Old Sydney Town:
: Replica mill, in a now closed historical theme park
When the theme park was open, the mill was workable, producing flour which was made into bread by the village baker.
A note from the property owners at the beginning of 2009 reported that the internals of the mill are still in good condition,
however, the sails have been removed and the tail is evidently well past its use by date.
The owners are apparently keen to see that the mill is preserved in the long run either in situ or elsewhere.
Built in the 1820's with convict labour, this is a significant historical building on many levels.
Converted to a signal station in 1861.
Brisbane City Council - The Old Windmill
The Old Windmill later referred to as The Observatory, was built by convict labour in 1829.
It is one of the oldest buildings existent in Brisbane at the present time.
Built to act as a windmill it was fitted with heavy sails but, due to a mechanical defect the sails did not
operate so convicts were used to grind the maize meal of the settlement by means of a treadmill.
The treadmill was erected outside the walls of the tower a shaft connecting it with the cog wheels that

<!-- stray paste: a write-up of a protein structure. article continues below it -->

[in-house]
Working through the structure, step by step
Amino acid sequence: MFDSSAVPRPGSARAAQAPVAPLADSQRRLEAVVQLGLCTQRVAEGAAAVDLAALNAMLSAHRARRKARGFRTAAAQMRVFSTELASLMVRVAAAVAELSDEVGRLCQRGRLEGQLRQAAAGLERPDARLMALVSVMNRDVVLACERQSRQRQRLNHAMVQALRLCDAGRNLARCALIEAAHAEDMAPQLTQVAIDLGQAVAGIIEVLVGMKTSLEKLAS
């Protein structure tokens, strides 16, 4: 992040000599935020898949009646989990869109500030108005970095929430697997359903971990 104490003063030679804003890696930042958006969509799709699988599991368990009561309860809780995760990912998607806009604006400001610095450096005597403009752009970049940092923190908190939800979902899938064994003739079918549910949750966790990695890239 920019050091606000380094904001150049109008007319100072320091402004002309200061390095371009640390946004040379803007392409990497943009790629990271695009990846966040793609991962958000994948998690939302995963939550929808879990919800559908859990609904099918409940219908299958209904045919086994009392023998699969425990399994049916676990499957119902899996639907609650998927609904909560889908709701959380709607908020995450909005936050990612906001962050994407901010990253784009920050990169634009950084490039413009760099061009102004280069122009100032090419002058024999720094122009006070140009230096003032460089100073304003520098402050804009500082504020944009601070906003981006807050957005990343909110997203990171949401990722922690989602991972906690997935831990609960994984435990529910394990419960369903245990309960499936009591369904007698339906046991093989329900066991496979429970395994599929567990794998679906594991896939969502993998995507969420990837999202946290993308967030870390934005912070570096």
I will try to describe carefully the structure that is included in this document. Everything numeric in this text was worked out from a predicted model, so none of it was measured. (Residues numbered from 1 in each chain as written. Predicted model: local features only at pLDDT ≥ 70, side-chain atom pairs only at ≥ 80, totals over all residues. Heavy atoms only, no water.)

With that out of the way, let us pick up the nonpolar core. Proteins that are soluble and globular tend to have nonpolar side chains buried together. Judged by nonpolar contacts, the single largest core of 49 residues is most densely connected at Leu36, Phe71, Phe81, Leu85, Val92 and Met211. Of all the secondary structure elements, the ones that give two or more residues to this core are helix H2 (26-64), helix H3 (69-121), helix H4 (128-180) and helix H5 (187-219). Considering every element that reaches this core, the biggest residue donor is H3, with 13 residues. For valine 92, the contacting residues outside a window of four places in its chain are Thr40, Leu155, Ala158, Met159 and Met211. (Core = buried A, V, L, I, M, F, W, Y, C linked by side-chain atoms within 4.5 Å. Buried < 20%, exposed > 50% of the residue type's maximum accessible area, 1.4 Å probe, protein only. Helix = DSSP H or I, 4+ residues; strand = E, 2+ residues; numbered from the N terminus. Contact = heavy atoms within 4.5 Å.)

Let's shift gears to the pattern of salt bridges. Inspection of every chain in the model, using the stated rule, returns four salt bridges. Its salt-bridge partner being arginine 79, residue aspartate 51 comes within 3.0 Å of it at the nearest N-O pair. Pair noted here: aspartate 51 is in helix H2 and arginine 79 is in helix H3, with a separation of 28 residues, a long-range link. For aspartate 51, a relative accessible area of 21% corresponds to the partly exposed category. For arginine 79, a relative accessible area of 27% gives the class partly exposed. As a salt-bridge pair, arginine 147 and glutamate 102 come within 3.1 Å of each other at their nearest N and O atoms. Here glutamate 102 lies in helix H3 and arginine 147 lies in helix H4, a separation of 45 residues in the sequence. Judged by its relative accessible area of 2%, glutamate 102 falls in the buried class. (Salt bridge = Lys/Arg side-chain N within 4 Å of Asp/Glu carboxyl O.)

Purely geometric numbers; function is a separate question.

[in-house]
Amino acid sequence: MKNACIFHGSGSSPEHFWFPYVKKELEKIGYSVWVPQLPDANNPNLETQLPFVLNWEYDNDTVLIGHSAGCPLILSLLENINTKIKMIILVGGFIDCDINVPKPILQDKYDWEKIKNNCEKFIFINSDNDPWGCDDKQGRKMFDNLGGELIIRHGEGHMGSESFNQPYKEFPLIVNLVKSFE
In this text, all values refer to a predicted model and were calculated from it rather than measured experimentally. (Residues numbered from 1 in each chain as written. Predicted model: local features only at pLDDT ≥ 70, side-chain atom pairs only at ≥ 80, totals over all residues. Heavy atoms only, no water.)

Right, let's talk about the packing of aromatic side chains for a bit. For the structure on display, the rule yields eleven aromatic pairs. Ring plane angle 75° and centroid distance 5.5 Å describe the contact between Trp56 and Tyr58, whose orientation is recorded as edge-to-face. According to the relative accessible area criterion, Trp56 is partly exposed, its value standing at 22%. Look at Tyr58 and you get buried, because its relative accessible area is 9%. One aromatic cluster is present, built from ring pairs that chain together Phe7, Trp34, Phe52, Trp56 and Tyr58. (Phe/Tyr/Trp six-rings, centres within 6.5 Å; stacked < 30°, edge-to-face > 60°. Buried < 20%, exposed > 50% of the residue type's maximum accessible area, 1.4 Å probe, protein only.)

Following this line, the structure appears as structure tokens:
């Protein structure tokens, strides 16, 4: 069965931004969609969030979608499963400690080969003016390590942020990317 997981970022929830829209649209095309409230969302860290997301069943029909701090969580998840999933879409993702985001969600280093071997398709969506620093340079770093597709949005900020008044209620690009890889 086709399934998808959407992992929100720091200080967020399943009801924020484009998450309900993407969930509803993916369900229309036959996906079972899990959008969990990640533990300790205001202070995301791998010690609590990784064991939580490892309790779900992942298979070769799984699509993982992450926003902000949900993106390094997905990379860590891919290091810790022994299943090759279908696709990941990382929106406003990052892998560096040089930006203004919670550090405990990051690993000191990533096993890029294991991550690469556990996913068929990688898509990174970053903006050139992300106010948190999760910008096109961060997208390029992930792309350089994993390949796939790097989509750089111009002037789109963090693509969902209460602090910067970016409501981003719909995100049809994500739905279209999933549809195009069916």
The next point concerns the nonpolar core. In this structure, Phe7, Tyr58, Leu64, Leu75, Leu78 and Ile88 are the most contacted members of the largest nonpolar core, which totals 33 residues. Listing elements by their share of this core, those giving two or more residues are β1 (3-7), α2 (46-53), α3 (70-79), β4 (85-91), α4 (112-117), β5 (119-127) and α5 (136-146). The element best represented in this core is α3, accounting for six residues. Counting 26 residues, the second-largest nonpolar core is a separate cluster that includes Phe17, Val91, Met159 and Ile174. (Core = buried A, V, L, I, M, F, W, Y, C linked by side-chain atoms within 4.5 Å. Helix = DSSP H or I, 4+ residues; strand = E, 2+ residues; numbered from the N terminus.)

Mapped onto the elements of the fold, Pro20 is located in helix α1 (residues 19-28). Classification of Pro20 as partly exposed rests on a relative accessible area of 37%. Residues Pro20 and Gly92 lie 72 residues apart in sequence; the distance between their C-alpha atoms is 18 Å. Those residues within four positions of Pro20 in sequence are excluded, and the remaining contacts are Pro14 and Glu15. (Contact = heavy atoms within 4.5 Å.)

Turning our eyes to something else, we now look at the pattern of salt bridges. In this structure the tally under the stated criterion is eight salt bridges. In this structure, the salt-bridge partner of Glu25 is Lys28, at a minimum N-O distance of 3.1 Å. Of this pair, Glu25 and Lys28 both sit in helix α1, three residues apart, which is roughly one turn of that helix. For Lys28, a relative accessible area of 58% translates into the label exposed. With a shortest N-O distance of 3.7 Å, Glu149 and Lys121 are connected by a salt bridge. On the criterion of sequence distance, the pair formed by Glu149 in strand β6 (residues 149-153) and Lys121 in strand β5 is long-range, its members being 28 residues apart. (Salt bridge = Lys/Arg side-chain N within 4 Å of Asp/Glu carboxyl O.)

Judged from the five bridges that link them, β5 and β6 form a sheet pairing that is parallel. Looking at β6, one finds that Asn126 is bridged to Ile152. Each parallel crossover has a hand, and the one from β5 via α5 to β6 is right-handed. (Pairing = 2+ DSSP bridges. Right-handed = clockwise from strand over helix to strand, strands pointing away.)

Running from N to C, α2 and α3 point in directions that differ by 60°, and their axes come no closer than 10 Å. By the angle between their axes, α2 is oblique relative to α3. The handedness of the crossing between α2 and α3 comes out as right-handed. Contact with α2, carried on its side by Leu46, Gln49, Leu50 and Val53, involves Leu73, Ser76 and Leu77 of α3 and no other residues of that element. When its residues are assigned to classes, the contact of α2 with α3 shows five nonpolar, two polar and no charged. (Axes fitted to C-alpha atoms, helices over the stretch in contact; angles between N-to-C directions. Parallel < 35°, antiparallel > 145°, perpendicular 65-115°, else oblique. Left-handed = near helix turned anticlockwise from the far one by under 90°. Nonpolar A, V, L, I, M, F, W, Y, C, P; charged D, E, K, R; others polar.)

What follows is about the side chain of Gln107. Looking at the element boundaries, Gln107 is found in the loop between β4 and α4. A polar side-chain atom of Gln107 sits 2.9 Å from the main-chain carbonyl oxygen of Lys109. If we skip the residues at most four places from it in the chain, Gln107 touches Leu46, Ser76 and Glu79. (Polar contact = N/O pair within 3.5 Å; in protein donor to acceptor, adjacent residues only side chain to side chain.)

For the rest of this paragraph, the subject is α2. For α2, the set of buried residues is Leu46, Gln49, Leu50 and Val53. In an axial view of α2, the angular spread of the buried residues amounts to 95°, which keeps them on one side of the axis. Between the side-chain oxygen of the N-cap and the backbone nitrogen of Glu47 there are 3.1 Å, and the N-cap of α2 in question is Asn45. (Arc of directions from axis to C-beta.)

turned the millstones in the tower. The treadmill was used from 1829 to 1937 when Andrew Petrie arrived as
foreman of works and effected the necessary repairs to the windmill.
In 1841 it was the scene of the execution of two aboriginal murderers, the projecting arms of the windmill
being used as a gallows.
In 1855 the old windmill was the location of Brisbane's first museum either in the tower on in rooms of the
signal station that was attached to it and in 1864 it came into use by the Govenment as a signal station.
The tower was also used as a lookout by the fire brigade.
A flagstaff was erected on the summit and once a month the Red Ensign was flown announcing the arrival of
overseas steamers at any of the adjoining colonies with the English mails when advised by telgraph.
After federation, it was taken over by the Commonwealth Government as an observatory. It was never used as
such but for many years the time ball at the summit of the tower was dropped by electrical means regularly
every day at one o'clock.